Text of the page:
April 7th, 2014
Selections from Richard Lehman’s Literature Review: April 7th
CardioExchange is pleased to reprint this selection from Dr. Richard Lehman’s weekly journal review blog at BMJ.com. Selected summaries are relevant to our audience, but we encourage members to engage with the entire blog.
NEJM 3 Apr 2014 Vol 370
A Controlled Trial of Renal Denervation for Resistant Hypertension (OL): From now on, teaching the crucial importance of proper design in randomized trials will be SYMPLICITY itself. I’ve already taken you through the essentials of this story, after being taken in myself, and there is a superb BMJ editorial as well. Here is the full report of the SYMPLICITY-3 trial which shows that after spectacular results in open label trials, renal denervation does not produce a significant drop in blood pressure which is persistently high after combined treatment with at least three drugs. Correction: it produces a very significant drop averaging 13mm Hg, whereas the sham control procedure produces a drop of nearly 12mm. Let’s just stop and think about that. If you lie a patient down and put a tube in an artery and pretend to fiddle about for half an hour, you can produce a long term reduction of their blood pressure nearly as great as if you actually ablate their renal nerve supply. Explanations on a post card please.
TAVR with a Self-Expanding Prosthesis (OL): Whereas by funding SYMPLICITY-3, Medtronic lost themselves a potential market running into tens of billions of dollars, with this one they may have gained themselves a small niche market in people with aortic stenosis who are borderline for open valve surgery. Patients like this can benefit from transcatheter aortic-valve replacement (TAVR) with a balloon-expandable device, but Medtronic claim superior results from an alternative transcatheter bioprosthesis comprising a self-expanding nitinol frame and trileaflet porcine pericardial valve (CoreValve, Medtronic). Doing device trials is quite tricky, because you need operators to climb a steep learning curve, and here the first three patients enrolled in the trial at each study site were considered to be “roll-in” participants. They did not count in the figures but were there to familiarize the operators with the procedure. The bottom line as stated in the abstract is that “In patients with severe aortic stenosis who are at increased surgical risk, TAVR with a self-expanding transcatheter aortic-valve bioprosthesis was associated with a significantly higher rate of survival at one year than surgical aortic-valve replacement.” But a lot must depend on patient selection; and how many “roll-ins” you’ve practised on.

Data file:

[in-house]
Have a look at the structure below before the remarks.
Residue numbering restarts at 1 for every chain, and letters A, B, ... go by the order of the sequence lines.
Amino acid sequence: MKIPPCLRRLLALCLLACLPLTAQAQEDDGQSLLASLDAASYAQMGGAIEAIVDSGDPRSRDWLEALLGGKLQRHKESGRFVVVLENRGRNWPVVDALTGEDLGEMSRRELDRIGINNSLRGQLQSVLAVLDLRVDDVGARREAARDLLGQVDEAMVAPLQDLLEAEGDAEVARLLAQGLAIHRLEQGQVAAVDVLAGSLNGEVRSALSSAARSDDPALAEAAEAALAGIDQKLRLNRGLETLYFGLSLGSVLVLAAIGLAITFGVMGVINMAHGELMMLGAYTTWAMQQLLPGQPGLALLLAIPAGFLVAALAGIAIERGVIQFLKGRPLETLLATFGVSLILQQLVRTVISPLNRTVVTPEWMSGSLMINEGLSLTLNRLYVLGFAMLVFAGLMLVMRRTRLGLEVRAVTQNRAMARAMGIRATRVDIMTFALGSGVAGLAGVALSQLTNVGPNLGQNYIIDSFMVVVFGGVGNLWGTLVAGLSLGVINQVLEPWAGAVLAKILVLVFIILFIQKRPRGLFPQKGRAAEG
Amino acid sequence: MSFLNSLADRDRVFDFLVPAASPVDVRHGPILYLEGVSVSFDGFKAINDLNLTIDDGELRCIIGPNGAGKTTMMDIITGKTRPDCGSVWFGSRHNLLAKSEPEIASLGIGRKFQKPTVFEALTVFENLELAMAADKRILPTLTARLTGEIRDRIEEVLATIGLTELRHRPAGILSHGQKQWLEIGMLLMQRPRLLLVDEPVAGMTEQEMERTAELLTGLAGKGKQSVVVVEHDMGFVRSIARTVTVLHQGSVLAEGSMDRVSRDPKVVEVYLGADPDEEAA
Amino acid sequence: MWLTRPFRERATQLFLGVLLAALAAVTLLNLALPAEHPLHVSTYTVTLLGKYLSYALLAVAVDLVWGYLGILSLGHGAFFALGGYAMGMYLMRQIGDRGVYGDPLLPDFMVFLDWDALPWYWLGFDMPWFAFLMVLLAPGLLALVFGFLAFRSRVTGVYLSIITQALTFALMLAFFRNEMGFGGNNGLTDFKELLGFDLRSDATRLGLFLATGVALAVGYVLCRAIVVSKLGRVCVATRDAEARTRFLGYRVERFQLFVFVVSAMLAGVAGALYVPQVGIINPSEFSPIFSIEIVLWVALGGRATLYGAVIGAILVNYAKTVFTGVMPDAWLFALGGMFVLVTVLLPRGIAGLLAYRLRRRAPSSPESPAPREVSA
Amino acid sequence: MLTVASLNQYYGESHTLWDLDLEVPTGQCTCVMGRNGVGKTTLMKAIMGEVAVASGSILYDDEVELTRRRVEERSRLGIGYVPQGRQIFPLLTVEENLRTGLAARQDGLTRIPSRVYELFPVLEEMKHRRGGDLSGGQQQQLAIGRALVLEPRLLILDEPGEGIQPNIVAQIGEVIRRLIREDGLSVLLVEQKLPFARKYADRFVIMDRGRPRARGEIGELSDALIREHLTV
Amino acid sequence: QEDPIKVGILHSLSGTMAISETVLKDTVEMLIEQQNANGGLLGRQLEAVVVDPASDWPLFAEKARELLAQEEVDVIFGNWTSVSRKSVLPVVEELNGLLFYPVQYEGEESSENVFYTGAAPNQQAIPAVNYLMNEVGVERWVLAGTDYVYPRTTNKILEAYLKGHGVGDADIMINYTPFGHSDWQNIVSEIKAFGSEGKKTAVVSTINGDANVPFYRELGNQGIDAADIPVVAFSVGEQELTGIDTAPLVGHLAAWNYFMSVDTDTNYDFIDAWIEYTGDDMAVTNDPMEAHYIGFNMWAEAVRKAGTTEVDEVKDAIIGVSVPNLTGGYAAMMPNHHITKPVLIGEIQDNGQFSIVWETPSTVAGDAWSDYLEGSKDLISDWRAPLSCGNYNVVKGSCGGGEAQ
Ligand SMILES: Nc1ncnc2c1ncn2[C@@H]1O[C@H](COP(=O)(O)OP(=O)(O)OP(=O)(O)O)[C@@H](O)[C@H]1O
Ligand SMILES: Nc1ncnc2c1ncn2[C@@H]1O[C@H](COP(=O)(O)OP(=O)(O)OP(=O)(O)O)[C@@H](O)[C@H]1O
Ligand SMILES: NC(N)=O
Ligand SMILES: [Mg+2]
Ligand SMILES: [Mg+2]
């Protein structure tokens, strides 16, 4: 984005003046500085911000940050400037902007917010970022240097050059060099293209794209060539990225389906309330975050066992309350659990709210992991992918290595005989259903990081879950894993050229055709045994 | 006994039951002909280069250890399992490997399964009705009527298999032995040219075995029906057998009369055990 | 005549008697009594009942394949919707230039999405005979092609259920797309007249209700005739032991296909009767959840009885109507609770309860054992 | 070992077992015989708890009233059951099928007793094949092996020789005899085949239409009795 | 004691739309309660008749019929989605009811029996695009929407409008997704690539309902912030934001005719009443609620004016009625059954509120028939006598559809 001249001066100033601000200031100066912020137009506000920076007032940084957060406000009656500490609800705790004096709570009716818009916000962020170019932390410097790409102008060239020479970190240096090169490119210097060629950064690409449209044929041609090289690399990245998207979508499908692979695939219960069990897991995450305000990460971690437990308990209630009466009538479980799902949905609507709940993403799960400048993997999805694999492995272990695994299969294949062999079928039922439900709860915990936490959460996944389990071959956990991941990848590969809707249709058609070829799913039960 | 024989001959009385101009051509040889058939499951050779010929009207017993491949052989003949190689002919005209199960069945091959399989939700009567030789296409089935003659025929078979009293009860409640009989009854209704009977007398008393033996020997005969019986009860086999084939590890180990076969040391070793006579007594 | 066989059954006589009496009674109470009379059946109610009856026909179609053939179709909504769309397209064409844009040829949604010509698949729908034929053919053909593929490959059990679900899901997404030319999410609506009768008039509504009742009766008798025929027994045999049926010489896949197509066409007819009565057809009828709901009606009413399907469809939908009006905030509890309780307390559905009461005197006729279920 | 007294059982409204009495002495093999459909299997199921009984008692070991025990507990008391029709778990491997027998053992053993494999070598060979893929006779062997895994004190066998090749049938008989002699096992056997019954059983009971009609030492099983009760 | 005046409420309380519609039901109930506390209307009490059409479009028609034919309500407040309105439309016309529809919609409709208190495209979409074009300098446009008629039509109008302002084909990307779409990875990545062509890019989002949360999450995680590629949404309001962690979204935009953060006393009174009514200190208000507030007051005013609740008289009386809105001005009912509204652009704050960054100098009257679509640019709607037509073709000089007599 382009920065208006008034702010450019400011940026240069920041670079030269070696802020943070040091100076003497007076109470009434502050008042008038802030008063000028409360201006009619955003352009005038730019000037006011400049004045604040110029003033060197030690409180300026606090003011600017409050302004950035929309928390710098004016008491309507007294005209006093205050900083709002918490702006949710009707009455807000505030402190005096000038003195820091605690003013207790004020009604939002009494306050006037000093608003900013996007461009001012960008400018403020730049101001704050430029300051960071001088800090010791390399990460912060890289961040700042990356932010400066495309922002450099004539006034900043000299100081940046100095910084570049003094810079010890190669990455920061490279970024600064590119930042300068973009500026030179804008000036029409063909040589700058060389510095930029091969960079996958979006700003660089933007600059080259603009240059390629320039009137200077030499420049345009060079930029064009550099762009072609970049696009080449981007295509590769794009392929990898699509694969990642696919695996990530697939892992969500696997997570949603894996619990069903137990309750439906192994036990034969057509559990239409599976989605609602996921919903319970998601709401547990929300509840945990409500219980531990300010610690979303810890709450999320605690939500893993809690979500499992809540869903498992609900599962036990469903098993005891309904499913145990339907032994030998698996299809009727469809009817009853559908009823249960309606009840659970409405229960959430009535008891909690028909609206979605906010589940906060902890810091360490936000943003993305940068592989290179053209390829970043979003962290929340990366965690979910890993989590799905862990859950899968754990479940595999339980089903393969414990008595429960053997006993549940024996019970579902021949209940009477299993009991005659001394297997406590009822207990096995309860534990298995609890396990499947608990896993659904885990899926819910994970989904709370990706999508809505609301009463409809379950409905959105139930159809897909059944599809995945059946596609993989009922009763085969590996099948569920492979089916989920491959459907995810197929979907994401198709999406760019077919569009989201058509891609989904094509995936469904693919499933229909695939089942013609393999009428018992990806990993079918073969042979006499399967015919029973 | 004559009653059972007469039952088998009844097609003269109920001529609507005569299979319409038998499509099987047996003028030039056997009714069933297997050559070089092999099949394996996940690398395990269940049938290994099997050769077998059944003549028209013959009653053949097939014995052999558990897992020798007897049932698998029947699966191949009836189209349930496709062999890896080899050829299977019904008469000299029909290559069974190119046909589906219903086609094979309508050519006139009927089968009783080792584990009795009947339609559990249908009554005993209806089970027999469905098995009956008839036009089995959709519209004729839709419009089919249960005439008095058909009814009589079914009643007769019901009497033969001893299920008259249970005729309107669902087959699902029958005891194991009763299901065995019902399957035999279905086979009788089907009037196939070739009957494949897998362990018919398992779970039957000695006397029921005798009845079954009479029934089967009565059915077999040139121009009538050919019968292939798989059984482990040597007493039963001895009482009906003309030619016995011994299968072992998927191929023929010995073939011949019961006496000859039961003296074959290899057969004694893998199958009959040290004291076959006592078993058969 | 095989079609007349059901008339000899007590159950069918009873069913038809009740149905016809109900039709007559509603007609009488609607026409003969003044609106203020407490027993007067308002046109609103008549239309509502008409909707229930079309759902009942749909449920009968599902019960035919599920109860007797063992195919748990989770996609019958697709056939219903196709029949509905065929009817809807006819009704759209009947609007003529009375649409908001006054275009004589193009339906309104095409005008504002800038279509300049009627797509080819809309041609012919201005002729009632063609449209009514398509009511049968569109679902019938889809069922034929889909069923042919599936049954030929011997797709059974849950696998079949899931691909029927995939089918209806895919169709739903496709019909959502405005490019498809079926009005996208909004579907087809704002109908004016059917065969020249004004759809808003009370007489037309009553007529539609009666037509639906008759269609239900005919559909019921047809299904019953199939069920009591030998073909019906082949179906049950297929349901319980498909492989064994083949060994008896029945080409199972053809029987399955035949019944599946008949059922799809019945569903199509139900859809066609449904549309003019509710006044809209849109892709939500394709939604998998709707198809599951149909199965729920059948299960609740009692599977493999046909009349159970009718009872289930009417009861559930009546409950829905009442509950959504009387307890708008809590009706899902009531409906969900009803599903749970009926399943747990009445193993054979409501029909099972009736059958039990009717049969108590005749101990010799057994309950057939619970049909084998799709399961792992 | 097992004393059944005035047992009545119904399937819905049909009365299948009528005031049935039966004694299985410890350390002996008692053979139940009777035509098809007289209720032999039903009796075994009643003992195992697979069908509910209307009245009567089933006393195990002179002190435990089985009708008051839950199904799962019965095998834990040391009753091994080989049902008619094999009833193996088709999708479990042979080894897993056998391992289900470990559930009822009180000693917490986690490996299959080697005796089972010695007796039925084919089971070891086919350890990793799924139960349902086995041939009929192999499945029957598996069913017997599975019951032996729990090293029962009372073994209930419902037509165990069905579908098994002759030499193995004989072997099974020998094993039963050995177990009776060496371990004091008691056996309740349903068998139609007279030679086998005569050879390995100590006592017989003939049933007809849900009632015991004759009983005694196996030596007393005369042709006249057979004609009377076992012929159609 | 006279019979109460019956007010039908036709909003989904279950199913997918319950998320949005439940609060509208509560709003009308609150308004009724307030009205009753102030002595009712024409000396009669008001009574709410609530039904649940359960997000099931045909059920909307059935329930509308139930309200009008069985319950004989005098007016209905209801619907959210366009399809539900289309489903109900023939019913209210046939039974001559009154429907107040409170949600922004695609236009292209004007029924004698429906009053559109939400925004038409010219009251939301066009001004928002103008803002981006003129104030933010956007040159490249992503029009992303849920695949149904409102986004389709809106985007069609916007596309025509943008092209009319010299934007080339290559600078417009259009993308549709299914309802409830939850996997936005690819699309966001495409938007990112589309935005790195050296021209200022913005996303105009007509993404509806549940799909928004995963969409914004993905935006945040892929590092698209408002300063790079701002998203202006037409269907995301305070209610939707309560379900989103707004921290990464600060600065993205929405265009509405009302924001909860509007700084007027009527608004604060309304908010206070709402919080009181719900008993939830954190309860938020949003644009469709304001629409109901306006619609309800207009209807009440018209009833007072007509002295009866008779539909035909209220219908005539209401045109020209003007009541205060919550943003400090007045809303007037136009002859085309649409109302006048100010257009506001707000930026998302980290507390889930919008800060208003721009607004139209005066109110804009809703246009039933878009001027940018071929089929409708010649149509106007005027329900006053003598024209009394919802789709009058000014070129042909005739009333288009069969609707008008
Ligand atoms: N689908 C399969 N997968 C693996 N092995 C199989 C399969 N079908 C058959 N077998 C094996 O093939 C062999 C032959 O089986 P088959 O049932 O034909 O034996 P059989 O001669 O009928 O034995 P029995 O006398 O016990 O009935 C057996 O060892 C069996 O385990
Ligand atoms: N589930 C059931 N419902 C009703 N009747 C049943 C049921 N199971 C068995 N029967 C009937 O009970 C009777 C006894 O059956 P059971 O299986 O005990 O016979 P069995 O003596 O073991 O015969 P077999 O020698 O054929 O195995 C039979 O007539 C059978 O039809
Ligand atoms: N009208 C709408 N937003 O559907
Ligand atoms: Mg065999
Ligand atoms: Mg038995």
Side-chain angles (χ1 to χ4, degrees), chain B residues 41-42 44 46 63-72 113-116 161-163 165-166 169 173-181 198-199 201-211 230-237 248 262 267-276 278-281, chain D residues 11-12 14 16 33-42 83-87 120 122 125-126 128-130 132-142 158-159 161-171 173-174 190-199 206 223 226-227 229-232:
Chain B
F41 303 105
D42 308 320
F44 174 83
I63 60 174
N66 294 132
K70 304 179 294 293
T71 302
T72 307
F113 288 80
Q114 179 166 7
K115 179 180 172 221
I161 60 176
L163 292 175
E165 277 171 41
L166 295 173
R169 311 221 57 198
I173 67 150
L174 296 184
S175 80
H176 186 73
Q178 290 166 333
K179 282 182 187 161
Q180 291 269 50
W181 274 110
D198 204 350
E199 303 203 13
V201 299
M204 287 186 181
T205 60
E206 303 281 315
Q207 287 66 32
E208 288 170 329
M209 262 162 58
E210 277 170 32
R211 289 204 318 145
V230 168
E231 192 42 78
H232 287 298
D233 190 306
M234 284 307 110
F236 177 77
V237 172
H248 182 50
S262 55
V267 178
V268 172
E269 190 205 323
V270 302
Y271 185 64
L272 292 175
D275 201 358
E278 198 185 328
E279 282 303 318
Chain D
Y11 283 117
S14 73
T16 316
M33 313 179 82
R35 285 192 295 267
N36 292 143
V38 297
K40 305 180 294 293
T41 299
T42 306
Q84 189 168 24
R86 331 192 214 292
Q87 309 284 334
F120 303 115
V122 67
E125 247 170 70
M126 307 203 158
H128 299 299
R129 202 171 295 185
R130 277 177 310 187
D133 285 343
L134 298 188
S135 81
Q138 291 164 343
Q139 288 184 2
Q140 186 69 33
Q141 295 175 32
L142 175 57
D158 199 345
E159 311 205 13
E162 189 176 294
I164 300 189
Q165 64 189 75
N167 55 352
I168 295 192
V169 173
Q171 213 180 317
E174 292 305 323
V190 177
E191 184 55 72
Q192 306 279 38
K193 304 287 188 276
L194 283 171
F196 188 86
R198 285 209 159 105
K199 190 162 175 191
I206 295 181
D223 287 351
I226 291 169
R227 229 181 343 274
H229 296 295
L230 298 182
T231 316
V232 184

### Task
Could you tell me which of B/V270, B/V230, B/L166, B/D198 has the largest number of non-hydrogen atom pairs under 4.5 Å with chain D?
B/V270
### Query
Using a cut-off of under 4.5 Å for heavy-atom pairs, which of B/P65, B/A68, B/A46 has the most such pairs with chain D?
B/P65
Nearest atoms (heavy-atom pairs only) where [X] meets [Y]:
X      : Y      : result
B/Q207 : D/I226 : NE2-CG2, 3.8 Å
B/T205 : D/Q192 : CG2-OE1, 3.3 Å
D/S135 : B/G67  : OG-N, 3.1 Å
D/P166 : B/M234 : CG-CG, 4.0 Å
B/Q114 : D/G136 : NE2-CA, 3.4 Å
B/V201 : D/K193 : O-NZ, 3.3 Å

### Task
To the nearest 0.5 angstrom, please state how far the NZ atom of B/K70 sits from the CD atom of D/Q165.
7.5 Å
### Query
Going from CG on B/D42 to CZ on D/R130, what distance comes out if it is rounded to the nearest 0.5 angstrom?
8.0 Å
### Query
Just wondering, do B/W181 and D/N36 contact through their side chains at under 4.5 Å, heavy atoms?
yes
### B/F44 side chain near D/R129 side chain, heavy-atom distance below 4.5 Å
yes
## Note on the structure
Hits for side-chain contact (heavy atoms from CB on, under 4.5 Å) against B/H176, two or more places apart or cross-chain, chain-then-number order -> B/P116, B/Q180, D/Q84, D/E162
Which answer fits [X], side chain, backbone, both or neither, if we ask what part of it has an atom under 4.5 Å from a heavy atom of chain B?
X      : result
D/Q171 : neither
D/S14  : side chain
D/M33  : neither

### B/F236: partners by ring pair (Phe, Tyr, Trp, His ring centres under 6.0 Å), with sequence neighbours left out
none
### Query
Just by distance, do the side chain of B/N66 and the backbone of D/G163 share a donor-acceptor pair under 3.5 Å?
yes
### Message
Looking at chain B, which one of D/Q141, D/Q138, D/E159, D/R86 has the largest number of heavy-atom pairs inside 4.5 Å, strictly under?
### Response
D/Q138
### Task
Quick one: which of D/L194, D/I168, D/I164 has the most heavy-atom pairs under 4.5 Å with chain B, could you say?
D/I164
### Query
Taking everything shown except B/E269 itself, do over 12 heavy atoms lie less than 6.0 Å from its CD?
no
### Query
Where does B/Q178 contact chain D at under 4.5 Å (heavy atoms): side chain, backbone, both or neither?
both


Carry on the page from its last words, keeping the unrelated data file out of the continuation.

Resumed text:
Survival with CRT in Mild Heart Failure (OL): If I get heart failure with left bundle branch block, I would like to have biventricular pacing (or cardiac resynchronization therapy, CRT). I would want nothing to do with implantable defibrillators. Sudden death—especially beyond the age of 70—seems to me greatly preferable to a decline into weakness, breathlessness, dependency, and repeated episodes of near-drowning. However, in the Multicenter Automatic Defibrillator Implantation Trial with Cardiac Resynchronization Therapy (MADIT-CRT), CRT alone was not on offer. You had to have the defibrillator, with or without CRT. Follow-up at a seven years confirms that CRT reduces all-cause mortality in people with mild systolic heart failure with LBBB from 29% to 18%, with a possibly harmful effect on those without LBBB. There is nothing here about symptom relief, which counts for more than survival to most people with HF.
Lancet 5 Apr 2014 Vol 383
Effect of High-Dose Simvastatin on Brain Atrophy and Disability in Secondary Progressive MS (OL): Statins, as I keep saying, are wonderful drugs. They should be offered to everybody and people should make up their own minds whether to take them, based on the evidence and their personal preferences. What I personally would not do, however, is take simvastatin at a dose of 80mg, because this maximizes the risk of adverse effects while producing a very small marginal benefit compared to a lower dose. But 80mg was the dose given to 70 patients with secondary progressive multiple sclerosis in a phase 2 placebo-controlled trial. The mean annualised rate of brain atrophy was significantly lower in patients in the simvastatin group (0•288% per year [SD 0•521]) than in those in the placebo group (0•584% per year [0•498]). How this 43% reduction in brain shrinkage converts into clinical benefit is uncertain from this relatively small and short RCT, but it certainly suggests that bigger trials with other statins are well warranted in a dreadful condition which is currently untreatable.